If you want to understand your younger employees, then start playing more Mortal Kombat and Final Fantasy. That's the message from John C. Beck and Mitchell Wade, authors of the book Got Game: How the Gamer Generation Is Reshaping Business Forever (Harvard Business School Press, October 2004). The authors suggest that employees of the "gamer generation" (roughly ages 15 to 35) have a surprisingly sophisticated set of skills and abilities, and need to be managed differently than their older colleagues. They're also convinced gamers are natural leaders.
CIO Insight: What's so different about gamers?
Mitchell Wade: It turns out they are problem-solvers. They are very serious about adding value to an organization. In general, they have better self-esteem than nongamers. And remember that this is the same generation that's supposed to be slackers, but they want to be paid based on their performance.
John C. Beck: Our belief coming out of this is that gamers will make good CEOs.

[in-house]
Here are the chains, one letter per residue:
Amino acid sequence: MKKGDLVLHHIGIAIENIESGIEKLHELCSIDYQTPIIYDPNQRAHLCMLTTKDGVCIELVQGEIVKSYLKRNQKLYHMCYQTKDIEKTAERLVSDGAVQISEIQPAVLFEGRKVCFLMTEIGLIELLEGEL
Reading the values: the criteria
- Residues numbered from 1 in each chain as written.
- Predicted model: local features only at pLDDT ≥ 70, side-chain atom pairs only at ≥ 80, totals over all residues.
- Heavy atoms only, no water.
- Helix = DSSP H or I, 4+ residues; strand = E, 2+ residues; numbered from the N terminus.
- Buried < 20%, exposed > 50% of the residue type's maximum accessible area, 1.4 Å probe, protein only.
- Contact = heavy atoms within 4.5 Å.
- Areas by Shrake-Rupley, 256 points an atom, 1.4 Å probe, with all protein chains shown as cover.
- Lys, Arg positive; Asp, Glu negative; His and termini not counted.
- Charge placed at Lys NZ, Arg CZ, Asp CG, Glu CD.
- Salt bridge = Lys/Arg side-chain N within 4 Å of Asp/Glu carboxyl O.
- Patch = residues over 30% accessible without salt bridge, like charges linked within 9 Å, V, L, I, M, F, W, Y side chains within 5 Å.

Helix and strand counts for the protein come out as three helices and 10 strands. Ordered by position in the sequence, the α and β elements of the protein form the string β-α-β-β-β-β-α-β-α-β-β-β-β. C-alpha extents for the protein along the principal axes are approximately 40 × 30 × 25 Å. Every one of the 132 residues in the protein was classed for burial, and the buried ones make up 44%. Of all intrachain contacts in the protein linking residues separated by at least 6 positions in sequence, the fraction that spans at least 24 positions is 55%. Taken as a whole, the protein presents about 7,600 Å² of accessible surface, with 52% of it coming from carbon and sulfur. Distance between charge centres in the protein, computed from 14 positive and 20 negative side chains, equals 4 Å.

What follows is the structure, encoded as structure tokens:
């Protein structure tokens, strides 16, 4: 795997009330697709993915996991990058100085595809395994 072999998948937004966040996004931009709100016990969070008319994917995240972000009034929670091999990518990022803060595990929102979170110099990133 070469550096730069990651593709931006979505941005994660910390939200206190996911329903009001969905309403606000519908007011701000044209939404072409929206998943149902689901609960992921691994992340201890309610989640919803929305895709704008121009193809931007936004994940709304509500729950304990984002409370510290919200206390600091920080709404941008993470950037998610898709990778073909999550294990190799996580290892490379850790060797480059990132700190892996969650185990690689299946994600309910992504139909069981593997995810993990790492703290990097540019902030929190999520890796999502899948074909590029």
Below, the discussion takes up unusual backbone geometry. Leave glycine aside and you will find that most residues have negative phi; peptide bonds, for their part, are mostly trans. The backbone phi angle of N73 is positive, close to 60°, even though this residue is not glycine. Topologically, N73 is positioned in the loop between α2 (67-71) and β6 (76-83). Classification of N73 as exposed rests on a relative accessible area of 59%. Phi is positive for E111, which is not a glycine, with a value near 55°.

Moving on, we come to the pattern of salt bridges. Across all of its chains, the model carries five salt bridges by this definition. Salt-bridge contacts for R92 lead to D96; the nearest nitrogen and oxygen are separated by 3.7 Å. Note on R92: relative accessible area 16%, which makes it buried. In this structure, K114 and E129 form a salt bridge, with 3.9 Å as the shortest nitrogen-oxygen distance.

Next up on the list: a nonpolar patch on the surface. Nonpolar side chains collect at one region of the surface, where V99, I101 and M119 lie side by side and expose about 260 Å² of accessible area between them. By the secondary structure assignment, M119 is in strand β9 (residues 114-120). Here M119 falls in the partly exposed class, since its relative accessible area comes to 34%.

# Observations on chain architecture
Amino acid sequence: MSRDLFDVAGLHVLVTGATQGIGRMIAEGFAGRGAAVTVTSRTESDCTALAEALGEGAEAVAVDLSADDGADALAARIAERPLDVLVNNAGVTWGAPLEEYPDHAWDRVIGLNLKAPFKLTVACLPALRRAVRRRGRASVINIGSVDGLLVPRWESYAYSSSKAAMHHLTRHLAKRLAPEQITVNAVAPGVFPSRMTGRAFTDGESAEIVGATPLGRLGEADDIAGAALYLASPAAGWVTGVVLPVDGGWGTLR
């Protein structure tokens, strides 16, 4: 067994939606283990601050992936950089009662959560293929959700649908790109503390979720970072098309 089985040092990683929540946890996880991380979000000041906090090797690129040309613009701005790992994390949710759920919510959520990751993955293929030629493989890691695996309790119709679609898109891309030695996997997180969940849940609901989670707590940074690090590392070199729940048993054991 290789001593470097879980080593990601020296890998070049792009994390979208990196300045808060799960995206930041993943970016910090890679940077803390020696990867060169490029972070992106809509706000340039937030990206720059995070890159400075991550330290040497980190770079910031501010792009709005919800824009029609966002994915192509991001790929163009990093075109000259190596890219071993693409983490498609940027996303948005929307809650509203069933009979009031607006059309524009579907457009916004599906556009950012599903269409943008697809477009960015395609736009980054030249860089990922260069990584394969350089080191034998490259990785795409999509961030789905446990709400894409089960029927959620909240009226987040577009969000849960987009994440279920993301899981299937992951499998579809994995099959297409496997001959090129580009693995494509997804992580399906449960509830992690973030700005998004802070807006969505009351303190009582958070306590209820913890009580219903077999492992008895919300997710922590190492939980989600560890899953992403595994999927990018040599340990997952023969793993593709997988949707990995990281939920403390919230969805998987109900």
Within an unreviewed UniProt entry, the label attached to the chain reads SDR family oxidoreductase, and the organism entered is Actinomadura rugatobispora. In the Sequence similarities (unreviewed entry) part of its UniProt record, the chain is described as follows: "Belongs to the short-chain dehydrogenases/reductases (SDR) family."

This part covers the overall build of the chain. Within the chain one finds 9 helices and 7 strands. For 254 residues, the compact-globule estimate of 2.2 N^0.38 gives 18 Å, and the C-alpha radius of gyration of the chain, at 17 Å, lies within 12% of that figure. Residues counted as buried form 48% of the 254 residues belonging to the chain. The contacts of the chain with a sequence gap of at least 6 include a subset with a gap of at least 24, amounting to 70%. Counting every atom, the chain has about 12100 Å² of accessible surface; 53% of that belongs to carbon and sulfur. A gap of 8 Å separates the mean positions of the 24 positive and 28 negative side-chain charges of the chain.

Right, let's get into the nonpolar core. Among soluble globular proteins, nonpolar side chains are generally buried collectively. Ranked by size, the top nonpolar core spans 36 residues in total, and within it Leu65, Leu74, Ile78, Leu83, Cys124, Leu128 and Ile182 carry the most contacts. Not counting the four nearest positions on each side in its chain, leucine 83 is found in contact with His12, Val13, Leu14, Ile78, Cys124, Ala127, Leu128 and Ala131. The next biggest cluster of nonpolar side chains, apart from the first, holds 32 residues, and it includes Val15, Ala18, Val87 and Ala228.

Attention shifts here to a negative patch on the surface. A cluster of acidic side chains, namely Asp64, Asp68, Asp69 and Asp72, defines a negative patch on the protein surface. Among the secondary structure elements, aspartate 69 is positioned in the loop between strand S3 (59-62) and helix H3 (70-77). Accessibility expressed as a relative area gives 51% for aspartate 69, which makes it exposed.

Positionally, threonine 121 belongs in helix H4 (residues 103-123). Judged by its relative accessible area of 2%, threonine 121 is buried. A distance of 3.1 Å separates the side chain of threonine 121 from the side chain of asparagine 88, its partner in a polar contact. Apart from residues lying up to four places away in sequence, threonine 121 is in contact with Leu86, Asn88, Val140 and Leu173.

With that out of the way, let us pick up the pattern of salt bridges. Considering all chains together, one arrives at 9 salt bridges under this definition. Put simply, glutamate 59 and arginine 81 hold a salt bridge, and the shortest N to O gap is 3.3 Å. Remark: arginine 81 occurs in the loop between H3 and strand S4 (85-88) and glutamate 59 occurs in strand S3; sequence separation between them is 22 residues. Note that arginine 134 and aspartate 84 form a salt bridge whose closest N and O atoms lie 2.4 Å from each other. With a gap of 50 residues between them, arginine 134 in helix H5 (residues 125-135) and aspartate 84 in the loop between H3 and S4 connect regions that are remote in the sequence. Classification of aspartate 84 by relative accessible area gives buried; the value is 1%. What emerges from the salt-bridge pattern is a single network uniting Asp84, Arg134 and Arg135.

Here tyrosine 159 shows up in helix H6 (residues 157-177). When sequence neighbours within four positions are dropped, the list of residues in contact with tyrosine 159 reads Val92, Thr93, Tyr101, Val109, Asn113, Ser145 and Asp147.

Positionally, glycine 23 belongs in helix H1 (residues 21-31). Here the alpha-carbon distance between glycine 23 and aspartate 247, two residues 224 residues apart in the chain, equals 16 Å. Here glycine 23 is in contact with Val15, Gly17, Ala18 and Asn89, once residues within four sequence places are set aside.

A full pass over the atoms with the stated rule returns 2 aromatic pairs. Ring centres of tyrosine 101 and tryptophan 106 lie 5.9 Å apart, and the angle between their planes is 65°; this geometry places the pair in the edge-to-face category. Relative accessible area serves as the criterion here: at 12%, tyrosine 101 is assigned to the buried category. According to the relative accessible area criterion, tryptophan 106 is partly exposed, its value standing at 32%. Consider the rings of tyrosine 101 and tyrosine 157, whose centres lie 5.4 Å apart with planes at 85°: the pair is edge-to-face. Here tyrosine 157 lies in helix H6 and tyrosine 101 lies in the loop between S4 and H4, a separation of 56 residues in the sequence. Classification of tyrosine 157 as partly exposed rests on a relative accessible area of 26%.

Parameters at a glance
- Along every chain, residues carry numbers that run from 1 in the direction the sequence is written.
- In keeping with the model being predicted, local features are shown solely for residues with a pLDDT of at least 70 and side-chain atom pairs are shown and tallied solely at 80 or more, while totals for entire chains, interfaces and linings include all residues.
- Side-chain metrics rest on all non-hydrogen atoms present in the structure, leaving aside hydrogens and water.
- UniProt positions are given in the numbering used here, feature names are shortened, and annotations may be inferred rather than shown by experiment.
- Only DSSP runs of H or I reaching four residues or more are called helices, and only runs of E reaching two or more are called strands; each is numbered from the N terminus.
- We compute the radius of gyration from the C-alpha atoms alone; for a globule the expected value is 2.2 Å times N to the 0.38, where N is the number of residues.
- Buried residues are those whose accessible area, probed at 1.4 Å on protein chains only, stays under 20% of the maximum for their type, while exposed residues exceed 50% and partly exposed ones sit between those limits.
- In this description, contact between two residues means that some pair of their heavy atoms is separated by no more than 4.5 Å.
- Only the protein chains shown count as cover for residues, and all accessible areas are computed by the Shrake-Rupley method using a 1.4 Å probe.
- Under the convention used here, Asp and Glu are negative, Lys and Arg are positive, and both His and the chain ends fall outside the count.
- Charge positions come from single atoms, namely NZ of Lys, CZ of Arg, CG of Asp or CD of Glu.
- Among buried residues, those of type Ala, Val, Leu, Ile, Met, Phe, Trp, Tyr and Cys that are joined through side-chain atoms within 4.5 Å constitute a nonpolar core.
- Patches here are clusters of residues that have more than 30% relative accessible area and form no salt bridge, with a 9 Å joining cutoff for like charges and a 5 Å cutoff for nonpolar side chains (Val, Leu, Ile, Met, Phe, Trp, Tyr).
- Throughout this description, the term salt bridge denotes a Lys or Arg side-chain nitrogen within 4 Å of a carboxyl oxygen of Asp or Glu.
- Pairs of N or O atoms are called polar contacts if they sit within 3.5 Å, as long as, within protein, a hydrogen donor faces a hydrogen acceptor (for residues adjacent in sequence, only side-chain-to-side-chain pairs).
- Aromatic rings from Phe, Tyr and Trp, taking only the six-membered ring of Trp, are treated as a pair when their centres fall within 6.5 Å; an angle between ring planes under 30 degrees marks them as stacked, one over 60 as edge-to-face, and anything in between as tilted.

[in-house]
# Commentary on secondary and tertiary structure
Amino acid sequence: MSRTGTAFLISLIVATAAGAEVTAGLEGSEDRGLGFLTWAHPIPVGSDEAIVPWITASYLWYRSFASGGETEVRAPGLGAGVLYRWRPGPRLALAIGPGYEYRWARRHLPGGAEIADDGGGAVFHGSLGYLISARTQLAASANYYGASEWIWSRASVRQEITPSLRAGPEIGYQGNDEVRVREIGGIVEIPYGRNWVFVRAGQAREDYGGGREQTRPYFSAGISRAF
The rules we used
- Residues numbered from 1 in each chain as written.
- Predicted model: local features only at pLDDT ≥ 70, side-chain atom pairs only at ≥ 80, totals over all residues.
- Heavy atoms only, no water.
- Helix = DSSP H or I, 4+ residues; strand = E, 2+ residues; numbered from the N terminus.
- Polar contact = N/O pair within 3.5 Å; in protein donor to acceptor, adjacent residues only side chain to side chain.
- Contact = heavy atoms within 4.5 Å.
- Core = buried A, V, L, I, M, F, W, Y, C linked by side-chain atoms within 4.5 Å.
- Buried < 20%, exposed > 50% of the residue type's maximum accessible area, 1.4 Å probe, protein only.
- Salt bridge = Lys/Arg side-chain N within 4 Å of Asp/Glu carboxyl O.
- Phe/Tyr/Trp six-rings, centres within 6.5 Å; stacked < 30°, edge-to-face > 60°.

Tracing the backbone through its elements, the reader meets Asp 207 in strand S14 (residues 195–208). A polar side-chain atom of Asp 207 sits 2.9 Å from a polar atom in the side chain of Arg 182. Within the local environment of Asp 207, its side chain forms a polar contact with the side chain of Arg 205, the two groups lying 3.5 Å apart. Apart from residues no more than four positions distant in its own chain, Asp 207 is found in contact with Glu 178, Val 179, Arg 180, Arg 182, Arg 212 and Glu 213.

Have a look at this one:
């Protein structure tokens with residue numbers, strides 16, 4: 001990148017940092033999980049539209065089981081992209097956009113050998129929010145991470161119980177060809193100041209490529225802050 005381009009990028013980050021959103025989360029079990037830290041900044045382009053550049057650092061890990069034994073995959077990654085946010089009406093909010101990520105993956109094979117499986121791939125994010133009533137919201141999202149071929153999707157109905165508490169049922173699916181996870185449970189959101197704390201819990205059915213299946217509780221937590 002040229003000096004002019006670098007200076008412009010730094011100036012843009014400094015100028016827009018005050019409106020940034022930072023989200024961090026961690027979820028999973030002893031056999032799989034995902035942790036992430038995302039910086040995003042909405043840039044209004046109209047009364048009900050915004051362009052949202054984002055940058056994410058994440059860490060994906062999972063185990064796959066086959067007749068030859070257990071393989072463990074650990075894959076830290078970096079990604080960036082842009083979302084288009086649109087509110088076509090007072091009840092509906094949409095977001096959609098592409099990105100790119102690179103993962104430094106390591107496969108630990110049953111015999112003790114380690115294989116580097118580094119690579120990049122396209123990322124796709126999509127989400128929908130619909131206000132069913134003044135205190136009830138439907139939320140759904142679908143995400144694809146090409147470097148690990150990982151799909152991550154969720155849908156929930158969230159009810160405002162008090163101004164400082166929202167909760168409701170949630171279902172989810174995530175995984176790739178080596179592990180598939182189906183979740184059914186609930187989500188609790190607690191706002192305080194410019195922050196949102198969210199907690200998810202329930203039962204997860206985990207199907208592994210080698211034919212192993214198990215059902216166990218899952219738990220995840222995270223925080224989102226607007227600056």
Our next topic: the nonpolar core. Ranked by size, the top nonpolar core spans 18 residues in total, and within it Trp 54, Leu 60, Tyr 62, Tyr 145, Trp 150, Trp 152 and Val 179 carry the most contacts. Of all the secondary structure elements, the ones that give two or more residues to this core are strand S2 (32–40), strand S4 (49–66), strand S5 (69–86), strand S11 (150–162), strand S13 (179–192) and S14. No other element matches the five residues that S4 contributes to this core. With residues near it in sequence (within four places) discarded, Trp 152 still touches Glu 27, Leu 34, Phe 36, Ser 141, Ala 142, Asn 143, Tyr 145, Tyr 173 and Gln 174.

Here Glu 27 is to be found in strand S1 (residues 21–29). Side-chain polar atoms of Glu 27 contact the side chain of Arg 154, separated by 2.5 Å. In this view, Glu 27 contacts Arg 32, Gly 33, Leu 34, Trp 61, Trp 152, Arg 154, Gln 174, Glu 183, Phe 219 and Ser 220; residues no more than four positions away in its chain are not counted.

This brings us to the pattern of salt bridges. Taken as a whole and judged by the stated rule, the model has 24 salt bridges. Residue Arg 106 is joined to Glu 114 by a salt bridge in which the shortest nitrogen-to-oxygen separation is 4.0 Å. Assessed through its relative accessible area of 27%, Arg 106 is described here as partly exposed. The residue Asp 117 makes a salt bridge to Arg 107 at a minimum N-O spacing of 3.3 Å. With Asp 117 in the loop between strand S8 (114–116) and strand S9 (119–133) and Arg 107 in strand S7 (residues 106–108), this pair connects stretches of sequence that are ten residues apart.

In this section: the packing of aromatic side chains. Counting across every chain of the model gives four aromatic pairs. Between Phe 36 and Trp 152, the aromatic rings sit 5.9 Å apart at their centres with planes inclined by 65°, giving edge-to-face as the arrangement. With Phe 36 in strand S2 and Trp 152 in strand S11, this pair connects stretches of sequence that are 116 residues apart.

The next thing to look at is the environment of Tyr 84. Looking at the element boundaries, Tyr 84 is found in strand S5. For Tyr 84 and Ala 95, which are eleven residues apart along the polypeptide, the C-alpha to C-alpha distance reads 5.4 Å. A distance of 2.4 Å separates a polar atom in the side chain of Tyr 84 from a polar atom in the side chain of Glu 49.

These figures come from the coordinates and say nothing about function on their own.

So how do gamers need to be managed?
Wade: First thing is you need to see through some of their attitudes. It's easy for a boomer to misinterpret a 20-something who claims to be an expertthat can come across as arrogant. And realize that gamers are better at multitasking than we are.
How do you distinguish between the influence of gaming and the influence of the Internet?
Beck: Well, there's no doubt the Internet is a big factor in all of this. And it's true that kids today are marketed to like they never were before. The world around them now thinks about them and engages them in a way that baby boomers were never engaged.
Wade: But some of the people we surveyed are in their thirties. They didn't have the Internet as teenagers, but they did have Atari.
Is this part of a broader cultural shift?
Wade: I think the biggest point here is that there's a hidden generation gap.
Beck: And it's important to stay current with what's going on out there right now. Dip your toe in somehow, understand what your employee's life is like. Having a kid who plays isn't enough. Gaming is as important to some people today as news and sports.
This article was originally published on 12-01-2004